CONRAD:   When I first heard you, I had to admit that you were a copy of Frank Sinatra at first.   Was it a struggle for you over the years to find your own voice or singing your own material has helped create your own voice?

MATT:   Everybody has a mentor, and the best way to learn is to copy someone.  You use them as a point of reference, and over time you begin to develop your own style. I was fortunate enough to be taught by Bob Fenton, a piano player at York University.  Sadly, Bob is no longer with us, however he taught me how to sing lyrically, just like the crooners had learned long ago.

CONRAD:  In this album, you have special guests ranging from Emilie Claire Barlow, Guido Basso, Ryan Ahlwardt and Arturo Sandoval.   Describe to me what was it like working with these people and how each one of them contributed to the flavour of the project.

MATT:   Most musicians know who Chet Baker is, and know how amazing he was.   The reason I chose Arturo Sandoval as the main soloist was because although he is known for playing high and loud, Arturo can play very quietly and tenderly.  This can be heard on his album “ A Time for Love”.  I’ve known Emilie Claire Barlow for a long time, and thought her voice would be perfect as a duet on “Embraceable You”  It is one the highlights of the album.  I’ve played with Guido Basso throughout the years, and his tone on the flugelhorn is legendary.  When doing a tribute to a great trumpet and flugal player, you have to include him, as he is legend in his own right.  Ryan Ahlwardt did vocal arrangement of “I Fall In Love To Easily” which was a throwback to the Pied Piper’s vocal ensemble work.  Both him and I have a love for that old crooning vocal style. 

CONRAD:  So upon release of this album, is there a tour in the works?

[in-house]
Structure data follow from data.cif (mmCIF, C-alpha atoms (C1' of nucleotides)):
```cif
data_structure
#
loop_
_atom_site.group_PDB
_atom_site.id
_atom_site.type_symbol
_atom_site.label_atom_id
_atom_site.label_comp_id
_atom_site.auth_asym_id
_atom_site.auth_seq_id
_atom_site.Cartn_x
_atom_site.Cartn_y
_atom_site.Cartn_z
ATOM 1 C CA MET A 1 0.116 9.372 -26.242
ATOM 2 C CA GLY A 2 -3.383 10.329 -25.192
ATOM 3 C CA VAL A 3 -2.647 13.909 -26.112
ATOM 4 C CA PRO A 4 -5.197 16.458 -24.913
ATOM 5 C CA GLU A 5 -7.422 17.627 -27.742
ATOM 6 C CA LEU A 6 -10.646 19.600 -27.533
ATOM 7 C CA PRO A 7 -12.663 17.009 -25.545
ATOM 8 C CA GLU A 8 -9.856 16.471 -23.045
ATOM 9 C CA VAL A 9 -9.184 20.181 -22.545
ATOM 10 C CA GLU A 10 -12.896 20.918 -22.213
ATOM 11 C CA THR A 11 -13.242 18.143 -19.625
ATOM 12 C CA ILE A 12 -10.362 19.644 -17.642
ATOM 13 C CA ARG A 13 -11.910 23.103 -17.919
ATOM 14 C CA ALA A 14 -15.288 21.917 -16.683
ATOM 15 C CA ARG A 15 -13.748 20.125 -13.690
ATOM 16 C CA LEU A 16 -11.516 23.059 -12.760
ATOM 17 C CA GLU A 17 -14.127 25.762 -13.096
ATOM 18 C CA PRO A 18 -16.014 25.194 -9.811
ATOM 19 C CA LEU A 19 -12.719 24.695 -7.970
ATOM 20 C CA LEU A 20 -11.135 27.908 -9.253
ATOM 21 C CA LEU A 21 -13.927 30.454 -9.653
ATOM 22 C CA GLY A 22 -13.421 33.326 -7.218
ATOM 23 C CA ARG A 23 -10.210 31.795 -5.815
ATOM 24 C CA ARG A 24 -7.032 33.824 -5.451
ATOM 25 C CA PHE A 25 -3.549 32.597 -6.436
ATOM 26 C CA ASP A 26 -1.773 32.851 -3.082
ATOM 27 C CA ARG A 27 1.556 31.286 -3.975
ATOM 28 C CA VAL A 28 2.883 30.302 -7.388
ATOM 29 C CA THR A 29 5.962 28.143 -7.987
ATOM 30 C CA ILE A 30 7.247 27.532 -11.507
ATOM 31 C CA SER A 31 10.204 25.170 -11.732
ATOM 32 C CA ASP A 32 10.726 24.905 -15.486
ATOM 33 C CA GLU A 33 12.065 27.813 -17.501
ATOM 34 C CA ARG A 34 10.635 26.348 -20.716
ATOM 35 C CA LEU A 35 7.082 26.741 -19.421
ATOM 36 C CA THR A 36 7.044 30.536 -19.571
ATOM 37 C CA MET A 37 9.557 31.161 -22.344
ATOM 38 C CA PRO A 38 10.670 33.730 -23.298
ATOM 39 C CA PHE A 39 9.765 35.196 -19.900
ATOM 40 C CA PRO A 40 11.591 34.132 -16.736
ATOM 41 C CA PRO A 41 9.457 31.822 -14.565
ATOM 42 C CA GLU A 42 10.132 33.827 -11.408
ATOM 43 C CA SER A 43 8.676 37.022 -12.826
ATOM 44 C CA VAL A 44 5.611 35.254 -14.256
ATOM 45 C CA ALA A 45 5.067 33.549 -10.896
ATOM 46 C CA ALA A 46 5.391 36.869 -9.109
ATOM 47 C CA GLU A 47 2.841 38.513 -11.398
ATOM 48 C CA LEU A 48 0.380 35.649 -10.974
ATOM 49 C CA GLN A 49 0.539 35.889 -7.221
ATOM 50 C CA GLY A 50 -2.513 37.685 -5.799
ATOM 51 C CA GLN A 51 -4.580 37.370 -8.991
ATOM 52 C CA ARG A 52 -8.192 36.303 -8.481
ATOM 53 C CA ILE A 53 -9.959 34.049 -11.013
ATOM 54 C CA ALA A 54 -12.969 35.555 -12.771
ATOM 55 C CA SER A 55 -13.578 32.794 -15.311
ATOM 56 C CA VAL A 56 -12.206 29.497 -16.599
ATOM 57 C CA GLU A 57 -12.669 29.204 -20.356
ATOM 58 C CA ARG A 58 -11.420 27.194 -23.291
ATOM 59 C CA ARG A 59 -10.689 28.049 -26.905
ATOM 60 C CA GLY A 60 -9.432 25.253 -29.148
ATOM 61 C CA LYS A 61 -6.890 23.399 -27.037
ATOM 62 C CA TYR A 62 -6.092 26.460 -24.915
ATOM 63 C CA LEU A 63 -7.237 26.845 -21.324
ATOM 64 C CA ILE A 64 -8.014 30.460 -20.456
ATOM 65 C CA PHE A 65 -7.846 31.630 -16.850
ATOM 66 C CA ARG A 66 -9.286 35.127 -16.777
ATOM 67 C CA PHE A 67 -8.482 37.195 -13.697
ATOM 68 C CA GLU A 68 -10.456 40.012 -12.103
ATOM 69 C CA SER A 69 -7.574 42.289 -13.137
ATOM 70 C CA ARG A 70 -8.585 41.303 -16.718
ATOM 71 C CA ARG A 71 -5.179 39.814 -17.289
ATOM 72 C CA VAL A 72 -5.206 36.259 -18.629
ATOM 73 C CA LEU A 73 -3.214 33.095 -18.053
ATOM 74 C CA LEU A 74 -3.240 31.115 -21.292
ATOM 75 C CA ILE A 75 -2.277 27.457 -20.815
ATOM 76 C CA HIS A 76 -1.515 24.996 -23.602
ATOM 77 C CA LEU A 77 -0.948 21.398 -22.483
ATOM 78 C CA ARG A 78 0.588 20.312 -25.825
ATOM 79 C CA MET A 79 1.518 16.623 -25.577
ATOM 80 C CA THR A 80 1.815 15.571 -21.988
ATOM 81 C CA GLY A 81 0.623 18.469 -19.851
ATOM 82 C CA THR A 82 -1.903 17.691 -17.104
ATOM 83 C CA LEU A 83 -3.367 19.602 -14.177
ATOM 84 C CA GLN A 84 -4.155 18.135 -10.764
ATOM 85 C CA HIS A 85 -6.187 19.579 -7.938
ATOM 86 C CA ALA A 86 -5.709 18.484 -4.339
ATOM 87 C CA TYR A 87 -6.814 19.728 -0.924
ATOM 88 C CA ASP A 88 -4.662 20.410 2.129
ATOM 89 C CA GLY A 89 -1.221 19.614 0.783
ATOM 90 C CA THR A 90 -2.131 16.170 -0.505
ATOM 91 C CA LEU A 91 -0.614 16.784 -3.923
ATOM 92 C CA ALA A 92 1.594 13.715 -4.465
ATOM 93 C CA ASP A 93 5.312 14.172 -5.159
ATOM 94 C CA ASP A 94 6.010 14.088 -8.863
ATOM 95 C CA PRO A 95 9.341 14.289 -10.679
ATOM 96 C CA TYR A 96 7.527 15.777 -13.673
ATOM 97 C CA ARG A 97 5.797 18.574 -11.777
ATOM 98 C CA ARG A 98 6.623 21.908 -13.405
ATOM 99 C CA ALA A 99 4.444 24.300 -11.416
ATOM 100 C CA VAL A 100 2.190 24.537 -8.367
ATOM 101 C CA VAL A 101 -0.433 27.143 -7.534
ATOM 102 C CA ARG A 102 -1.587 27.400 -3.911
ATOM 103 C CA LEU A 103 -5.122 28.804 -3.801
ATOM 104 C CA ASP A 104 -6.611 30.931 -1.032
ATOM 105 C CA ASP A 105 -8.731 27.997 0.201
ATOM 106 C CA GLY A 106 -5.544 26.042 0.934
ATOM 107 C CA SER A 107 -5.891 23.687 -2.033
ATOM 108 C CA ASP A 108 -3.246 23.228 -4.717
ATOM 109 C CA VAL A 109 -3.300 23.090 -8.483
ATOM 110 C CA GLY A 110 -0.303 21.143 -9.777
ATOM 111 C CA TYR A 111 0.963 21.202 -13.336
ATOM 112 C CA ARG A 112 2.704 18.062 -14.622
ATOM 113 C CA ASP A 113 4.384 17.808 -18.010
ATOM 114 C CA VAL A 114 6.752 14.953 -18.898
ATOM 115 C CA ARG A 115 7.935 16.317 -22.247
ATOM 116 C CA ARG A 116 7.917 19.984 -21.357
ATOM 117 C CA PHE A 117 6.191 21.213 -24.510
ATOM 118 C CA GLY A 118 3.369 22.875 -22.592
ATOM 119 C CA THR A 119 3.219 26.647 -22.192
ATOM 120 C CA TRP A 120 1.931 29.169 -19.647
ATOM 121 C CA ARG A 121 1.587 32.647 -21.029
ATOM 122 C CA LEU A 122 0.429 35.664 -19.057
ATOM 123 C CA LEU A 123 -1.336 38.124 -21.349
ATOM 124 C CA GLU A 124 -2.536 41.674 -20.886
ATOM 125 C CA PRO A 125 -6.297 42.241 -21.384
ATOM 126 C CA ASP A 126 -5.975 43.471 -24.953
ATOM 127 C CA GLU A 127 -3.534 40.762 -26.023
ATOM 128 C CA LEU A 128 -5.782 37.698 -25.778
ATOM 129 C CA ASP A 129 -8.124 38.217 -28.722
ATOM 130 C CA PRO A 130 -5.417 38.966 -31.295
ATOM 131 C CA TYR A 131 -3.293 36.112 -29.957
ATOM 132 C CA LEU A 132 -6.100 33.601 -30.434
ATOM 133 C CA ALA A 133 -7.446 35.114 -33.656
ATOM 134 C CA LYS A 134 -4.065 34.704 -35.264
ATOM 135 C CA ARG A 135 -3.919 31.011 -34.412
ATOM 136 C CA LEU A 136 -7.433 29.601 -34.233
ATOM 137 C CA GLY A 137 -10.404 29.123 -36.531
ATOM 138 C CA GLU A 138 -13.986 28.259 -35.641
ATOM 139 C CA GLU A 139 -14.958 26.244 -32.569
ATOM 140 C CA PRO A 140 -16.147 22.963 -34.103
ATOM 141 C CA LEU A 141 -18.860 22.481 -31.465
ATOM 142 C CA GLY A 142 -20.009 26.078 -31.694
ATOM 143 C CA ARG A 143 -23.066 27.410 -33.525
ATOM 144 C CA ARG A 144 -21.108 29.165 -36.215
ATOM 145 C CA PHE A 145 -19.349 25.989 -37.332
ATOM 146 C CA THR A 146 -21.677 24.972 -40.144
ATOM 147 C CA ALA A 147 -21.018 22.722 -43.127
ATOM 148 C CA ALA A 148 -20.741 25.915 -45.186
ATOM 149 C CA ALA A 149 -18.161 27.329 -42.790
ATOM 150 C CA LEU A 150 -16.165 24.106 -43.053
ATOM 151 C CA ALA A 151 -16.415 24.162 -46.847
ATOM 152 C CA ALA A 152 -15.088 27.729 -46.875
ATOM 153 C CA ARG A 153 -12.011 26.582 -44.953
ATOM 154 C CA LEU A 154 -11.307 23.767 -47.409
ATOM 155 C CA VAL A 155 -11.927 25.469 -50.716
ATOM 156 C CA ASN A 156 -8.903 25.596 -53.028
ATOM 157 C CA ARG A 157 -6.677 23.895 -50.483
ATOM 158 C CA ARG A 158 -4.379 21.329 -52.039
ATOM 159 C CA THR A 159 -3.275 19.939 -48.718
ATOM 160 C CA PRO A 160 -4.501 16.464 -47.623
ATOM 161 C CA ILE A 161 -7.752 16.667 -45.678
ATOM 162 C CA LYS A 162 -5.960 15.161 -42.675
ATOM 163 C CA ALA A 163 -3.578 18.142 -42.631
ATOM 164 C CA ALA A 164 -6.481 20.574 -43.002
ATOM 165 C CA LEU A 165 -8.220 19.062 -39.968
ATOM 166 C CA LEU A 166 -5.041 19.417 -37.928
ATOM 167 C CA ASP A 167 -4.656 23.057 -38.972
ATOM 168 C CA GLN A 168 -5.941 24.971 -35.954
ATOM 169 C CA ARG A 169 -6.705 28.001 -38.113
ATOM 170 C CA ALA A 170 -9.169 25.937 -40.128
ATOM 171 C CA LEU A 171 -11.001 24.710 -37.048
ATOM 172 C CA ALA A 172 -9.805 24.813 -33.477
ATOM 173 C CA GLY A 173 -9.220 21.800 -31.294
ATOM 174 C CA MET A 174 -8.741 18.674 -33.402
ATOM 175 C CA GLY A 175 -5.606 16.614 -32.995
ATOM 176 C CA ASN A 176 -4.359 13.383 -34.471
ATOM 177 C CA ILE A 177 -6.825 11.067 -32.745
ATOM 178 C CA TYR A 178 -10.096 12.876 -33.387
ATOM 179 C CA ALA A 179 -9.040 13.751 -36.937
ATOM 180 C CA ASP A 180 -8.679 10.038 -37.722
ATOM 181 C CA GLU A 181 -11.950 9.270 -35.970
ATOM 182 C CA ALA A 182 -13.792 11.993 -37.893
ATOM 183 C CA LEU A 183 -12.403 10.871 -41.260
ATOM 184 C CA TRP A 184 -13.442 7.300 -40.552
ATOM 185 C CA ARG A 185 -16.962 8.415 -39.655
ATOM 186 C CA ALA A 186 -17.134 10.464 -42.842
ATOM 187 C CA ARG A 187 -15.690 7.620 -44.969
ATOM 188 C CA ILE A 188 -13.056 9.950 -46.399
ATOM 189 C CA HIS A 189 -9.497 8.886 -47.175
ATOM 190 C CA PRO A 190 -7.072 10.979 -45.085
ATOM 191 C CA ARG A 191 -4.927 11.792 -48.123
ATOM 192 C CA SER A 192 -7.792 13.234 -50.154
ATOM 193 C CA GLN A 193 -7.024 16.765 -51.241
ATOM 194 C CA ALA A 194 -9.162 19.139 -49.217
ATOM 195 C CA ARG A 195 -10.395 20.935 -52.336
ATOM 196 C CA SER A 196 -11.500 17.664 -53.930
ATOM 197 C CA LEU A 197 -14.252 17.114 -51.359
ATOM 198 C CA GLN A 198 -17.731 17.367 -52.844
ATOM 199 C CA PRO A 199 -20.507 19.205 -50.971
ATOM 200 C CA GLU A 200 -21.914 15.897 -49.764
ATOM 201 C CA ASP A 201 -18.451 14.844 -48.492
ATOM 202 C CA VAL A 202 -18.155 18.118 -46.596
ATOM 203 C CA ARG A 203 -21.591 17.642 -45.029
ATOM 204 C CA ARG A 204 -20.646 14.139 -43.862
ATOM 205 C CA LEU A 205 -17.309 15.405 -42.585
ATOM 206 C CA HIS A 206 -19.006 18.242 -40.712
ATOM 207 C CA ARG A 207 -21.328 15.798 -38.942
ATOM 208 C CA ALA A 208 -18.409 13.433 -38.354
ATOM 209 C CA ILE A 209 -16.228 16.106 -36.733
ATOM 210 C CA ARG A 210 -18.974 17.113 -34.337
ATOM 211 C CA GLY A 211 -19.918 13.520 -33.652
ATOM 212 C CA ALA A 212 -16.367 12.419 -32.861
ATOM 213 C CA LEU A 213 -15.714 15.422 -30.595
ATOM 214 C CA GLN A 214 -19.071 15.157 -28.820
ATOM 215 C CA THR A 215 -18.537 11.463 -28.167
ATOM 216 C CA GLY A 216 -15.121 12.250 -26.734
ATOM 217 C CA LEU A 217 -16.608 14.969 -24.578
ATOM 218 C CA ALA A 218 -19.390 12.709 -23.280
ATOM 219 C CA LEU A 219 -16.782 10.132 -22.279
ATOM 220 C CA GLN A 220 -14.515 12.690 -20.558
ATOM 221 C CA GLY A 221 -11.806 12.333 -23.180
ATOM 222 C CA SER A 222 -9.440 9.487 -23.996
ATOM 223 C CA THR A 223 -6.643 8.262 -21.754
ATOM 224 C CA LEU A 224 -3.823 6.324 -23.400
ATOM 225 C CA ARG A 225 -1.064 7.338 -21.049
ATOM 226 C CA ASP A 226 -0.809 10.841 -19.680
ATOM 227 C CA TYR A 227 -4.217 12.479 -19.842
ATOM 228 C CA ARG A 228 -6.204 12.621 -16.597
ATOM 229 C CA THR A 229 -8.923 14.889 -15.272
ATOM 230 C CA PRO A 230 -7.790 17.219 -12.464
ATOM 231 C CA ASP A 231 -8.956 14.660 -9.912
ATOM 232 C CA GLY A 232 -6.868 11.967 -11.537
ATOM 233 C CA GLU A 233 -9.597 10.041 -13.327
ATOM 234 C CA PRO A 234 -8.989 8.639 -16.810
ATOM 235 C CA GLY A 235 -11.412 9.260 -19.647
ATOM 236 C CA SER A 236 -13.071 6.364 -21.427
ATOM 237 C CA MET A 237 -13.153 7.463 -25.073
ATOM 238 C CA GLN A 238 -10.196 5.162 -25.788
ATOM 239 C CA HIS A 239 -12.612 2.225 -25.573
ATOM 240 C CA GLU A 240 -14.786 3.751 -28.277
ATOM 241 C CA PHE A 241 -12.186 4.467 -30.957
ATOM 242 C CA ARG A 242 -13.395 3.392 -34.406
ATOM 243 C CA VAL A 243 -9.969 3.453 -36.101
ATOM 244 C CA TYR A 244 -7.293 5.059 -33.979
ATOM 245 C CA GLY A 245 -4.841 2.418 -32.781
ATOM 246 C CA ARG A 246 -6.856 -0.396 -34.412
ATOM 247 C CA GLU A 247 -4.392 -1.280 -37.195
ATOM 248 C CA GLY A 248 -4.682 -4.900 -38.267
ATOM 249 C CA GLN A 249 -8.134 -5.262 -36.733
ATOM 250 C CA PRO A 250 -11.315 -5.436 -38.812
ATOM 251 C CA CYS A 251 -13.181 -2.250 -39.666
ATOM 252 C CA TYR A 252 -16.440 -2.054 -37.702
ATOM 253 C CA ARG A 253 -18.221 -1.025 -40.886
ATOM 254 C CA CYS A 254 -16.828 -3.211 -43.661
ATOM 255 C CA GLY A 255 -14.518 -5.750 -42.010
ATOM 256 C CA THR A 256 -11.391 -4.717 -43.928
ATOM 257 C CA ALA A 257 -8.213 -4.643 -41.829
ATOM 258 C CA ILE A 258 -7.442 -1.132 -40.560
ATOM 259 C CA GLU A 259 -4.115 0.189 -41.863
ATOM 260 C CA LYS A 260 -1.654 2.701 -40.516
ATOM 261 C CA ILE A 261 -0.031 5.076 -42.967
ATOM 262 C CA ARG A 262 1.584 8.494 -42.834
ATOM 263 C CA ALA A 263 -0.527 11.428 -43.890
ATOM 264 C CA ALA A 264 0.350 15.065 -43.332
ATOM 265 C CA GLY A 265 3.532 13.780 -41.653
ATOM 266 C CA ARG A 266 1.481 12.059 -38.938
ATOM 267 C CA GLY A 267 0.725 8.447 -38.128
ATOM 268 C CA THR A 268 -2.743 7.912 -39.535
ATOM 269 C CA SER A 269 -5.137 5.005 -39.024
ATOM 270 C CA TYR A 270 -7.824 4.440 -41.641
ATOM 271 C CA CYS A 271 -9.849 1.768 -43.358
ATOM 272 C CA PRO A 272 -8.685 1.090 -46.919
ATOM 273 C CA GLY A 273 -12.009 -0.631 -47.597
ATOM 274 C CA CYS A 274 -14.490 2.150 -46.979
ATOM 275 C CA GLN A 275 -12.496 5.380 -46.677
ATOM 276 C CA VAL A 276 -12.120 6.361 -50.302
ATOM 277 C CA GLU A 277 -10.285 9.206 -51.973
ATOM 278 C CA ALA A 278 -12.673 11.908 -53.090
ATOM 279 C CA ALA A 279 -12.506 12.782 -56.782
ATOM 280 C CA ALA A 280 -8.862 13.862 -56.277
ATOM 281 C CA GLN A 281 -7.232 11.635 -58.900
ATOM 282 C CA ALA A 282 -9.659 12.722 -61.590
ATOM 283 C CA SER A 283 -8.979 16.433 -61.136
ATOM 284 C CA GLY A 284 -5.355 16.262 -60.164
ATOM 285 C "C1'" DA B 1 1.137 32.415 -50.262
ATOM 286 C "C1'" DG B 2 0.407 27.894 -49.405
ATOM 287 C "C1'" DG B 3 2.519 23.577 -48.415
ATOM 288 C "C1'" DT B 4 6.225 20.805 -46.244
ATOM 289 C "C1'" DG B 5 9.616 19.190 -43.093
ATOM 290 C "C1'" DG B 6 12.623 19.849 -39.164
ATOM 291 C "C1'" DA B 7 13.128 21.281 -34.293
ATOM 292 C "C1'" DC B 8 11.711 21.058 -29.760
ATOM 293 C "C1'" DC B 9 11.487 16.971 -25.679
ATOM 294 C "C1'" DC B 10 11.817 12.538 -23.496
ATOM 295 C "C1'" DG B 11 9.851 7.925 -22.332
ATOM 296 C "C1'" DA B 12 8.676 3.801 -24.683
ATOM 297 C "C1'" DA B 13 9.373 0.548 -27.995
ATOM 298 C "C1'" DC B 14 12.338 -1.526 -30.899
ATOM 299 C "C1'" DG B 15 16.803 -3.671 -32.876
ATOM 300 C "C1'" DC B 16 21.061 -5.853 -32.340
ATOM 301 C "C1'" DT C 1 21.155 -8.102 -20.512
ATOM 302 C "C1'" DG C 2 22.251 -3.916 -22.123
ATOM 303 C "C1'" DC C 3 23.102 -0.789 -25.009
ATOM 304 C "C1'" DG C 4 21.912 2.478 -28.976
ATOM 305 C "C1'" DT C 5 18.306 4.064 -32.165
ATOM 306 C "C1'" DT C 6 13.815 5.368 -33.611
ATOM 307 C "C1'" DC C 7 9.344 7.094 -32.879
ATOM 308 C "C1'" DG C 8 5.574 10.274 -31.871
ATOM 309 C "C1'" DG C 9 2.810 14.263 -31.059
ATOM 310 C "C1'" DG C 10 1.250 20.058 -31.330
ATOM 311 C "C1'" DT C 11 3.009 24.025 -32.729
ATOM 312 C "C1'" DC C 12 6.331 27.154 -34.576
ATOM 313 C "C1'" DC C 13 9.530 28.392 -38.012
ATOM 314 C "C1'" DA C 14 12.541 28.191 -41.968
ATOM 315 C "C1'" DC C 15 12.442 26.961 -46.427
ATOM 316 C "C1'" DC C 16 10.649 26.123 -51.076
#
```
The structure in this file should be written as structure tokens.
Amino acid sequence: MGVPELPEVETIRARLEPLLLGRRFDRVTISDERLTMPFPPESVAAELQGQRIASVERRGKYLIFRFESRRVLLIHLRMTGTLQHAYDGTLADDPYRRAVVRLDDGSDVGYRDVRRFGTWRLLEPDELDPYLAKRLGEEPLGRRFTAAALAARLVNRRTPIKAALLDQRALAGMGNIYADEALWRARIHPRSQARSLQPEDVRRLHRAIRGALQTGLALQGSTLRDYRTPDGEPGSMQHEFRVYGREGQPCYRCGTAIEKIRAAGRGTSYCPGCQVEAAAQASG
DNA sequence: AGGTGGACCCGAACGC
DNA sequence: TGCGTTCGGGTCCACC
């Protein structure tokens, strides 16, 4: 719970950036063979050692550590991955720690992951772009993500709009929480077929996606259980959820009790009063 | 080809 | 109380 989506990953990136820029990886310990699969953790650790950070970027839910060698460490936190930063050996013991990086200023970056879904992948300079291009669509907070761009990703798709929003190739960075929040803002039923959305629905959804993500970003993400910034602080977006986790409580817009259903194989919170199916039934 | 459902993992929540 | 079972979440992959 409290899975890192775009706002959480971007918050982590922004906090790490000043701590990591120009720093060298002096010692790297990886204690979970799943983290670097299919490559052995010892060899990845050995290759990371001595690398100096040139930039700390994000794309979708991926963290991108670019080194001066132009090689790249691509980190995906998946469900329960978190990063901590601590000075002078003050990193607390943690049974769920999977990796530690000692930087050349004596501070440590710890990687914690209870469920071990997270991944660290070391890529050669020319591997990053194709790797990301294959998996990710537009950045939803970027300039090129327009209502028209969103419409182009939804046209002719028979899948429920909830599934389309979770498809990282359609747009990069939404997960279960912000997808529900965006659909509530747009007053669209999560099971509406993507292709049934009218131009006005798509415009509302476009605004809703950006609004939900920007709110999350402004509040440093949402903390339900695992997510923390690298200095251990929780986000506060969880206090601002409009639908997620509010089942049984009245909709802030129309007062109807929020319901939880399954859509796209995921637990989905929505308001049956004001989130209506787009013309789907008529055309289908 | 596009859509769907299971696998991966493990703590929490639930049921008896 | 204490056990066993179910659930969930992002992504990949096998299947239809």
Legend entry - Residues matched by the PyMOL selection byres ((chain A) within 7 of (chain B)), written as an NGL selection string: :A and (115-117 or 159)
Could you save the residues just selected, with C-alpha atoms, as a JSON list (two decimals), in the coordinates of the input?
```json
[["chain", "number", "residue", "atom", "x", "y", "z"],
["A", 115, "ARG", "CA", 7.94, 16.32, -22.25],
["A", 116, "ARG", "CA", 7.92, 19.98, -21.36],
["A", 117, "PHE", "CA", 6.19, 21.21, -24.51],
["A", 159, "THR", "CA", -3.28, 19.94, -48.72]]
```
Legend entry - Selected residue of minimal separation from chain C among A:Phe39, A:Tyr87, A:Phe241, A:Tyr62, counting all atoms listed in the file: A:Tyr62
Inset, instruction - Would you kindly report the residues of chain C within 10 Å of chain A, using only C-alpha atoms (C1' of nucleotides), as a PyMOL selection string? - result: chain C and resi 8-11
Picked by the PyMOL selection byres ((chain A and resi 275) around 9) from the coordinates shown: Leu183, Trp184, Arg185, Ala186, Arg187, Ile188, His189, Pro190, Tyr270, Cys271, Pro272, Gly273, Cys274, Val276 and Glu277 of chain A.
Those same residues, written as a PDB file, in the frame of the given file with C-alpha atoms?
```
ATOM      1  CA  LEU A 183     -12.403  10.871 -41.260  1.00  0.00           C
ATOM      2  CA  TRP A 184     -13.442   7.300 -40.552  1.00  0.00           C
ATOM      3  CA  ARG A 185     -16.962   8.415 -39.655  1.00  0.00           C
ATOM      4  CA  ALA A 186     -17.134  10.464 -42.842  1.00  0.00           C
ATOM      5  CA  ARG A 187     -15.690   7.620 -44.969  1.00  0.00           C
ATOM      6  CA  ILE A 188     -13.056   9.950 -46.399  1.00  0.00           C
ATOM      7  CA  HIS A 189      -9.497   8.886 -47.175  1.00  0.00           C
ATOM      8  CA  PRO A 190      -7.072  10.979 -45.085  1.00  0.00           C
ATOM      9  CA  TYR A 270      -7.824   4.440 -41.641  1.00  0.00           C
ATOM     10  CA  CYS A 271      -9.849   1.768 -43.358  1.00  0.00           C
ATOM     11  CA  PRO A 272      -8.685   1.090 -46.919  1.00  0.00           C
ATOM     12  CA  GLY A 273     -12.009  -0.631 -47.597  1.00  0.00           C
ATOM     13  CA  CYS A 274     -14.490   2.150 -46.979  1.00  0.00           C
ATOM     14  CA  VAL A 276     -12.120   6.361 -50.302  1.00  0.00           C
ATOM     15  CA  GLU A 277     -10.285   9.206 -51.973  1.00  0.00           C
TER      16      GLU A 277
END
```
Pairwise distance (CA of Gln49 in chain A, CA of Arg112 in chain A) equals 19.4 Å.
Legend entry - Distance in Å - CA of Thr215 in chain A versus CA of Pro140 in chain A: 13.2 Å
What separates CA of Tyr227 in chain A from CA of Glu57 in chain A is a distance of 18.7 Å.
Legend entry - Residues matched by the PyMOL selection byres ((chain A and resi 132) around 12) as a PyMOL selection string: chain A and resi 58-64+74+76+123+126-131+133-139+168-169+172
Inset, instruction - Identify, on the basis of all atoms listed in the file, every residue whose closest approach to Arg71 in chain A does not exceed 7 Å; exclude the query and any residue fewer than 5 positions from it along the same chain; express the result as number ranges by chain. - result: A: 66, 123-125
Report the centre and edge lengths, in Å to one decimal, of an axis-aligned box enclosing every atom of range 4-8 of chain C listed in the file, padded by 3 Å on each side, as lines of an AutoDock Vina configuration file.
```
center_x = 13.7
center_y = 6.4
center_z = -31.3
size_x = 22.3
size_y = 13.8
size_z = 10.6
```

MATT:   I’ll be touring across Europe, Asia and North America throughout 2013, with a full Canadian Tour in the fall of 2013.

CONRAD:   Who is your all time favourite singer, and why?

MATT: Frank Sinatra.  I’ve always been enamored by his voice.  Lucky for me, I sing in the same range as he does, so it was always easy to figure out how’d I sound on his tunes.   Sinatra also had a way of singing loud, then tenderly, and had amazing breath control… man could that guy sing!  He was a great inspiration for a young singer in their teens. (me!) 

CONRAD:   What is your all time favourite album, and why?

MATT:  My favourite album is Frank Sinatra’s “In The Wee Small Hours Of The Morning.”  When I was going through my first breakup, my jazz ensemble teacher, Mark Eisenman, told me to listen to it.  I was hooked.  I still love the album today, can play it anytime and never get bored of it.  Chet Baker sang a song called, Deep In A Dream, which is also on “Wee small…” I love Chet’s version even more and had to include it on my latest album.

CONRAD:  In your opinion, do you think that classic jazz music has a thriving future ahead?

MATT:  Good music never dies.  The music business will change, but not the love and passion for good music.  It believes it will be nearly impossible to have #1 world wide hit in the jazz/classical genre, but it’s not needed.  Both genre’s have lasted for decades and have become a truly unforgettable genre.  Most genres have difficulty lasting A DECADE!  I truly believe that jazz and classical music will always be available to the discerning ear.

(Matt Dusk and Me...The Best of Friends)